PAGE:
It has often been asked, where was God when six million Jewish people were dying in Hitler’s concentration camps. The best answer I have heard is, “God was there dying with the Jews.” For many, this is foolishness, irrational humbuggery, but for others this is the very power of God.
I know how depressing this sounds, especially on this day as so much wonderful ministry is about to unfold here at Holy Trinity. You have returned from vacation, the choir is singing, programs are returning—these are thrilling days. This will be a stunning year as we prepare to celebrate 150 years of bearing the cross of Christ in New York City. The greatest hits of Johann Sebastian Bach will be celebrated during the 50th year of our renowned Bach Vespers. Some of the most distinguished preachers in the Lutheran church will be in our pulpit, including the Rev. Susan Briehl whose gorgeous hymn, “Holy God, Holy and Glorious,” we will sing at Communion. Through the entire, thrilling year, we will lift up the cross, that pathetic instrument of suffering and death that wise and pious folks view as foolishness and twaddle and yet what we proclaim to be very power of God.
God does not avoid death: God confronts death, dies, and conquers death as Jesus is raised from the dead…Oh, and by the way, God conquers our death as well.
Christ’s death and resurrection is the most comforting word we can offer when we journey with others into the valley of the shadow of death. Let us tell anyone who will listen, “For God so loved the world that he gave his only Son, so that everyone who believes in him may not perish but may have eternal life.” Yes, let us risk being called irrational humbuggers as we proclaim to the world that God is with us for better for worse, for richer or poorer, in sickness and, yes, even in death, in the name of the Holy Cross, Father, Son, and Holy Spirit. Amen.
Pastor Wilbert Miller’s Sermon
“Welcome, All You Ornery Boys and Girls”
Romans 7: 15-25a; Matthew 11: 16-19, 25-30
Fifth Sunday after Pentecost-July 9, 2017
Evangelical Lutheran Church of the Holy Trinity
Central Park West in New York City
I once heard a wise pastor be a bit critical of parents who bring their children to Sunday School just so they can learn how to be good little girls and boys. He wasn’t being grumpy, he simply felt there had to be more. Children must also learn they are not good little girls and boys.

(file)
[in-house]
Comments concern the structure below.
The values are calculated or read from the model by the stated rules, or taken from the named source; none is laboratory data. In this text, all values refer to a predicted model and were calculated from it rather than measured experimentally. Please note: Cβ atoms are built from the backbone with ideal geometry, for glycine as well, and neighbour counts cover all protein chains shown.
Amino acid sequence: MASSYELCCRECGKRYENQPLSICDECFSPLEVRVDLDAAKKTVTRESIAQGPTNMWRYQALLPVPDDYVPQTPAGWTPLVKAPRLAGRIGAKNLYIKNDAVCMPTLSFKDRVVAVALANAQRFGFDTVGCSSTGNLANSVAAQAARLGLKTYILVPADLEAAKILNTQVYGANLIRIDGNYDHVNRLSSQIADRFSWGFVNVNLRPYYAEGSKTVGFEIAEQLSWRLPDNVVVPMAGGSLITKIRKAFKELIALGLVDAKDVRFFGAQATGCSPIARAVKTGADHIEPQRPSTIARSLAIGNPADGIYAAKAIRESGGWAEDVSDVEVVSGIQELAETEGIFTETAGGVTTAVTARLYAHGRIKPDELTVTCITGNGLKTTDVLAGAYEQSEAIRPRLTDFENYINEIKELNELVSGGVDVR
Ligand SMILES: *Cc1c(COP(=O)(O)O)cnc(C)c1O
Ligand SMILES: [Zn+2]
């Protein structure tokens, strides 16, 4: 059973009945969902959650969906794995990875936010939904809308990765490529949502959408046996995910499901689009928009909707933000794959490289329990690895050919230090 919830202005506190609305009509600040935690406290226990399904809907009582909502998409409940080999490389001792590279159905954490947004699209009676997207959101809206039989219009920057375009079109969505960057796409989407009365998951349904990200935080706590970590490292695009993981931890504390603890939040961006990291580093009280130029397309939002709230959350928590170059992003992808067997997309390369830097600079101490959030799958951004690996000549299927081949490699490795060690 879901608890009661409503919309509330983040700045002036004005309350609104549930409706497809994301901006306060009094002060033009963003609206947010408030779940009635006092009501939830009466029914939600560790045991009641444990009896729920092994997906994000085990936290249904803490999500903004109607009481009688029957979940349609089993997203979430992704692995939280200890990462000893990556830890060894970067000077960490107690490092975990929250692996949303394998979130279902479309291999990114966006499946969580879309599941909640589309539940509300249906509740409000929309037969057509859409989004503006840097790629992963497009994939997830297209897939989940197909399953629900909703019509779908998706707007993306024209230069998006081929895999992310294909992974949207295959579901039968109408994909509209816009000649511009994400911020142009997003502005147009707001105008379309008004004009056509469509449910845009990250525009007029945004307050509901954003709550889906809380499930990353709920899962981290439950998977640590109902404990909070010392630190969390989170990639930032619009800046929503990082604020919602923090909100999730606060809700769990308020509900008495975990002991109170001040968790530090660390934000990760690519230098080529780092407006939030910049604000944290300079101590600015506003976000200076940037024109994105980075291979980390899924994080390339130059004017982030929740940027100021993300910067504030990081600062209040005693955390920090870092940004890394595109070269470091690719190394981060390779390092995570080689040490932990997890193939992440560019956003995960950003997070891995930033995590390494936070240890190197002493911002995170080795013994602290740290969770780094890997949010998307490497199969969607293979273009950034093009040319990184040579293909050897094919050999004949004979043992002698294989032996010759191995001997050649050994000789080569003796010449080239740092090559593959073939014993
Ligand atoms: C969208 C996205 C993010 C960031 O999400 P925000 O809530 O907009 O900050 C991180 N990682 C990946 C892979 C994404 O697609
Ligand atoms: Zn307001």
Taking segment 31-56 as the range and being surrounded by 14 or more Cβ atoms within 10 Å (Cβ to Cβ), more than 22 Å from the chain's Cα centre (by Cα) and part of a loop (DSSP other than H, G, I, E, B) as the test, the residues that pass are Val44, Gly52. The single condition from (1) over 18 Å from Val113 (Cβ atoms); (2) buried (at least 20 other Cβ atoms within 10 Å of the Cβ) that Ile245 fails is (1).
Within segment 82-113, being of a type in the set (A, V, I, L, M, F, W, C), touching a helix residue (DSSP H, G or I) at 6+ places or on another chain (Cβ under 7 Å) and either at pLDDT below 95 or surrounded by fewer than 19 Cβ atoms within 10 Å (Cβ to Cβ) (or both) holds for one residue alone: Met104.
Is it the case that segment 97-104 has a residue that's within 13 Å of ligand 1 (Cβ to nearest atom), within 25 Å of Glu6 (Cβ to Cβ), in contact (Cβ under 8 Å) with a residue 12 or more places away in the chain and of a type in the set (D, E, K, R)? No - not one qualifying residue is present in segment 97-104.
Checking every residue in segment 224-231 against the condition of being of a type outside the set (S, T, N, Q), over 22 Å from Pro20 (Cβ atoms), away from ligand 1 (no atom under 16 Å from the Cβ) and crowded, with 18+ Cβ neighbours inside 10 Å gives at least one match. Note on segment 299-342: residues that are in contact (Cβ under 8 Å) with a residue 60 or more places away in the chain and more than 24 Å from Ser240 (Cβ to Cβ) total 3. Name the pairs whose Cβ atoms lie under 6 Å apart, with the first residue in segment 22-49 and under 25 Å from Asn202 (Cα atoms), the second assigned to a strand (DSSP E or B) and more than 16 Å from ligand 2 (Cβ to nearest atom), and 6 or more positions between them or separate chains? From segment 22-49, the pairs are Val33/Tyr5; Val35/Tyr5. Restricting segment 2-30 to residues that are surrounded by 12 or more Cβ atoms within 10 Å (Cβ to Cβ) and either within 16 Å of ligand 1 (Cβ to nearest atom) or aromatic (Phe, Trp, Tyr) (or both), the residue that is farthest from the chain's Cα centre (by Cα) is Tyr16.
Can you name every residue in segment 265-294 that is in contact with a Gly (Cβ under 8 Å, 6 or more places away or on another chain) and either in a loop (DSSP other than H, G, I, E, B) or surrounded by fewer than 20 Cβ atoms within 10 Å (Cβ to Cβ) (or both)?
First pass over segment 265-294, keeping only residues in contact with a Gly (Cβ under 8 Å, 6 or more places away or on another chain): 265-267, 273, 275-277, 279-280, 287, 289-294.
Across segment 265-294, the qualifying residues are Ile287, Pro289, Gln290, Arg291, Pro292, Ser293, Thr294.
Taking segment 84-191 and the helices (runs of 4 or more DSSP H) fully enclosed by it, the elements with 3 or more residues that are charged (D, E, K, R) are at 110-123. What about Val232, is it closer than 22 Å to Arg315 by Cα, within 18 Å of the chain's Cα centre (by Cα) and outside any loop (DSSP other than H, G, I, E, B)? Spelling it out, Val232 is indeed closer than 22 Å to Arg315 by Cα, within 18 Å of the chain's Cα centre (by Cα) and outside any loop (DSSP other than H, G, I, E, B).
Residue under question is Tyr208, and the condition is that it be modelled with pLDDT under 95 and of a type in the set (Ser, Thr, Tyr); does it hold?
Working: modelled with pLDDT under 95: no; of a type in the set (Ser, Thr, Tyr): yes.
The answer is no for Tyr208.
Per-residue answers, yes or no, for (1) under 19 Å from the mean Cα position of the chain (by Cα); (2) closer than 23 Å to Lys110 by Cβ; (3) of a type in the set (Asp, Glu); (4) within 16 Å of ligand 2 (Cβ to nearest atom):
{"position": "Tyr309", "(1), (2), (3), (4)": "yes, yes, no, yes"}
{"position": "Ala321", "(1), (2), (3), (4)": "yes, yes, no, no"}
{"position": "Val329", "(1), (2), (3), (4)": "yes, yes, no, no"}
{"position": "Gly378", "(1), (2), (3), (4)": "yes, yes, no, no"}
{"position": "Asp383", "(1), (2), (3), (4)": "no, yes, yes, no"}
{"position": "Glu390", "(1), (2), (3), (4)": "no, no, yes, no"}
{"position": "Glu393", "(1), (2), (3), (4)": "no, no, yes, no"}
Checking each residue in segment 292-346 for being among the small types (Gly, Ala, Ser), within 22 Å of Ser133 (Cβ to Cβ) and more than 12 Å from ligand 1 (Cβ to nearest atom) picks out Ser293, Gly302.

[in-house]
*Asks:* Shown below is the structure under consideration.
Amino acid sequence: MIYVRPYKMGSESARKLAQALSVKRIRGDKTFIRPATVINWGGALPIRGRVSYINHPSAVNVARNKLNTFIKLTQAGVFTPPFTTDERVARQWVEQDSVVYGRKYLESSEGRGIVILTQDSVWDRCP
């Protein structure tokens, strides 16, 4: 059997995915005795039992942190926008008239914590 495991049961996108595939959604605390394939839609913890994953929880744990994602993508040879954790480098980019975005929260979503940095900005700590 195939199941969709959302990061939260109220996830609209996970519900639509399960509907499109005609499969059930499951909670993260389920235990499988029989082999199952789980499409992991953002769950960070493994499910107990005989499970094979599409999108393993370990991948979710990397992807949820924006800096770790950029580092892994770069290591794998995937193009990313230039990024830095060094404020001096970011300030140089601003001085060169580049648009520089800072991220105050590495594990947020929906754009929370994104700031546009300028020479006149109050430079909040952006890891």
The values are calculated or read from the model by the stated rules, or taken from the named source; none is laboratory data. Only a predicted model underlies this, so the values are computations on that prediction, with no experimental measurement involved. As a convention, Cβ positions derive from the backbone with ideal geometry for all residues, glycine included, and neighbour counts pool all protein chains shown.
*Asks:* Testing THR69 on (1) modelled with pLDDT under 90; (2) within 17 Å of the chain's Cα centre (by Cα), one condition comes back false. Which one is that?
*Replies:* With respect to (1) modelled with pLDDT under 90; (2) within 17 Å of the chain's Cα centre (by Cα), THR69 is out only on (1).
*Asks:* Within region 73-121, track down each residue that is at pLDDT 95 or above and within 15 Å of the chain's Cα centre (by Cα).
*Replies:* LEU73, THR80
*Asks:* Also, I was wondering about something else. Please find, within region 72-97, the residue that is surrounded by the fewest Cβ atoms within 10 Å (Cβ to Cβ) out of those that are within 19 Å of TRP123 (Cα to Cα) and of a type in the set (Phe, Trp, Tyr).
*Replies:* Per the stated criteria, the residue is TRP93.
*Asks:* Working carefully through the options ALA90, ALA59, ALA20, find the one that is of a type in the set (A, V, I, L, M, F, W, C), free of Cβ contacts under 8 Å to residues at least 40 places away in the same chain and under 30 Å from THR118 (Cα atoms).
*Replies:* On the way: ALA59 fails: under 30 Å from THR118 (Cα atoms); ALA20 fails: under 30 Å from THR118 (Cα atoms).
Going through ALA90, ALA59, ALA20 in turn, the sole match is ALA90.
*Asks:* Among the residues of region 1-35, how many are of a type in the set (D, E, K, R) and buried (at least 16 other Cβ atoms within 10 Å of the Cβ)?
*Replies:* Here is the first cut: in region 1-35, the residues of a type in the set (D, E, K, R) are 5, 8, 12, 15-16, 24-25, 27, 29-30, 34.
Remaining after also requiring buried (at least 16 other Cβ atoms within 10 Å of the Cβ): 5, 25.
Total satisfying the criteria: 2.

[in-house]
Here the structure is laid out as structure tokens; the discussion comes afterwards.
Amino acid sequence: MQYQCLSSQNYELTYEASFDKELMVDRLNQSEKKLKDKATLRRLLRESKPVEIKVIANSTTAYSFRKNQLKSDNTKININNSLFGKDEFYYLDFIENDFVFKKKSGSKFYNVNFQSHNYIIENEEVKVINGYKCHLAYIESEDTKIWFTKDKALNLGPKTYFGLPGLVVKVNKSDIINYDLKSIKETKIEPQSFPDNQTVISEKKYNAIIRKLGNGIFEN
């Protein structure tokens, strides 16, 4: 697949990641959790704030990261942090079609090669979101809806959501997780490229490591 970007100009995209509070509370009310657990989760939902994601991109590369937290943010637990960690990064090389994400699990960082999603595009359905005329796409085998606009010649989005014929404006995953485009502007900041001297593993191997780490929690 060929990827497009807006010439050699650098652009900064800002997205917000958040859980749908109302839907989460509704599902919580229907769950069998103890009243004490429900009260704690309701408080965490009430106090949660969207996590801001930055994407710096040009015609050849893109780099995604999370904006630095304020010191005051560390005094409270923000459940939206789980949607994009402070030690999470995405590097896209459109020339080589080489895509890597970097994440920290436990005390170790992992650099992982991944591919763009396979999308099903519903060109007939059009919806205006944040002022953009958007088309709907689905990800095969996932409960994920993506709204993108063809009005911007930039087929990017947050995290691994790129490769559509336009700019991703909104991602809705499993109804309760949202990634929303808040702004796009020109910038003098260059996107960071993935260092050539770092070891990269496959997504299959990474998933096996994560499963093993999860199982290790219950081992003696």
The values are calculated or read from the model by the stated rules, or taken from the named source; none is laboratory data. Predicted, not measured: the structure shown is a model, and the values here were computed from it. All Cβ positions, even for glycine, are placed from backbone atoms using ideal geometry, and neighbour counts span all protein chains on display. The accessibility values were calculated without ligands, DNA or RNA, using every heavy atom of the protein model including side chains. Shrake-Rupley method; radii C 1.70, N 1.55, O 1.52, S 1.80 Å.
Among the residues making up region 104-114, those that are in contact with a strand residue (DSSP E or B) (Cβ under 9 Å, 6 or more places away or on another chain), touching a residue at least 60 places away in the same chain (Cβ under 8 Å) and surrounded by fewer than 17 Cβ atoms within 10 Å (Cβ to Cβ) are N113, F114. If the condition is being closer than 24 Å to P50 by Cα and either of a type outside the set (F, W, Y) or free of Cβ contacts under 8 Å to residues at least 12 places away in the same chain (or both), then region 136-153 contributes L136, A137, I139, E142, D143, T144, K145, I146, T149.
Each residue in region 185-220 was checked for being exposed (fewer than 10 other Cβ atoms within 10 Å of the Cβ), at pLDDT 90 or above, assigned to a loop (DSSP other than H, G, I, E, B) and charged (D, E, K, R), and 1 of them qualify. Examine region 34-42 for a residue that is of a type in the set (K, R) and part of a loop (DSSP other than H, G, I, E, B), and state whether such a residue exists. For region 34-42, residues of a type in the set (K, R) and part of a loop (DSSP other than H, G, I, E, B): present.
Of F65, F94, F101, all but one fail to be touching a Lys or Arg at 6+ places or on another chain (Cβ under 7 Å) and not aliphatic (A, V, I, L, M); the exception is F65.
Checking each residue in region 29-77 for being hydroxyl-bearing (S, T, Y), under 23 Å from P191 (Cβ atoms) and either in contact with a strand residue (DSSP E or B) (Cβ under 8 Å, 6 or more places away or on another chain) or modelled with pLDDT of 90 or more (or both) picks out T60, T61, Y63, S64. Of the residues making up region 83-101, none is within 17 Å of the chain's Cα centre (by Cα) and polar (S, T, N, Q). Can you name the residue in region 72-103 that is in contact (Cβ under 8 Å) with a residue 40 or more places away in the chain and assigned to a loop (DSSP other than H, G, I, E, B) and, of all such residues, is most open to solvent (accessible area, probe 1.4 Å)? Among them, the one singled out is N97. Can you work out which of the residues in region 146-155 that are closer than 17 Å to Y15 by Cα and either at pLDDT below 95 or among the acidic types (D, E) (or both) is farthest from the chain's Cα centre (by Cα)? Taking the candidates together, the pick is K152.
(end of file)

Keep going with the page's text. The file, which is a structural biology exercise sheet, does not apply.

What about us? Have we simply come here this morning to learn how to be good? I hope we have come for more, to tell God the truth about ourselves or, as the church would have it, to confess our sins.
Saint Paul’s genius is his understanding of how hard it is for us to be good, impossible really. You must admit he is on to something when he writes, “For I do not do the good I want, but the evil I do not want is what I do.”
Even when we do something good, Paul suspects we have ulterior motives: we do good for the wrong reasons—so others will take note of how thoughtful and generous we are, how pious and courageous we are. Or how often are we holy, not particularly to help those who are suffering, but to pave our way into heaven.
Don’t Paul’s words ring true for you— “I do not do the good I want”?
One of my favorite Confirmation Class sessions is teaching the Ten Commandments. I love asking kids, “Have you ever sinned?” They always look nervously into their laps. No hands go up until the class misfit raises his—the one the others always point to when trouble occurs. I then ask, “Is Jimbo the only sinner here?” And then, one-by-one, hands are sheepishly raised. I always then tell the class, “If you say you are not a sinner, you are a liar and that makes you a sinner, too.”
Have you ever sinned?
Perhaps the problem is, deep down, we believe we can be perfect. Isn’t that why so many steer clear of the church when troubles arise in our lives—we don’t feel like we measure up to the holy folks! Countless people have said to me behind my closed doors, “Pastor, you are never going to believe this about me.” What I always want to say is, “Just try me. The only thing I refuse to believe is that you are perfect.” It is not because I know them so well but because I know myself so well. Whatever made us think we can be perfect?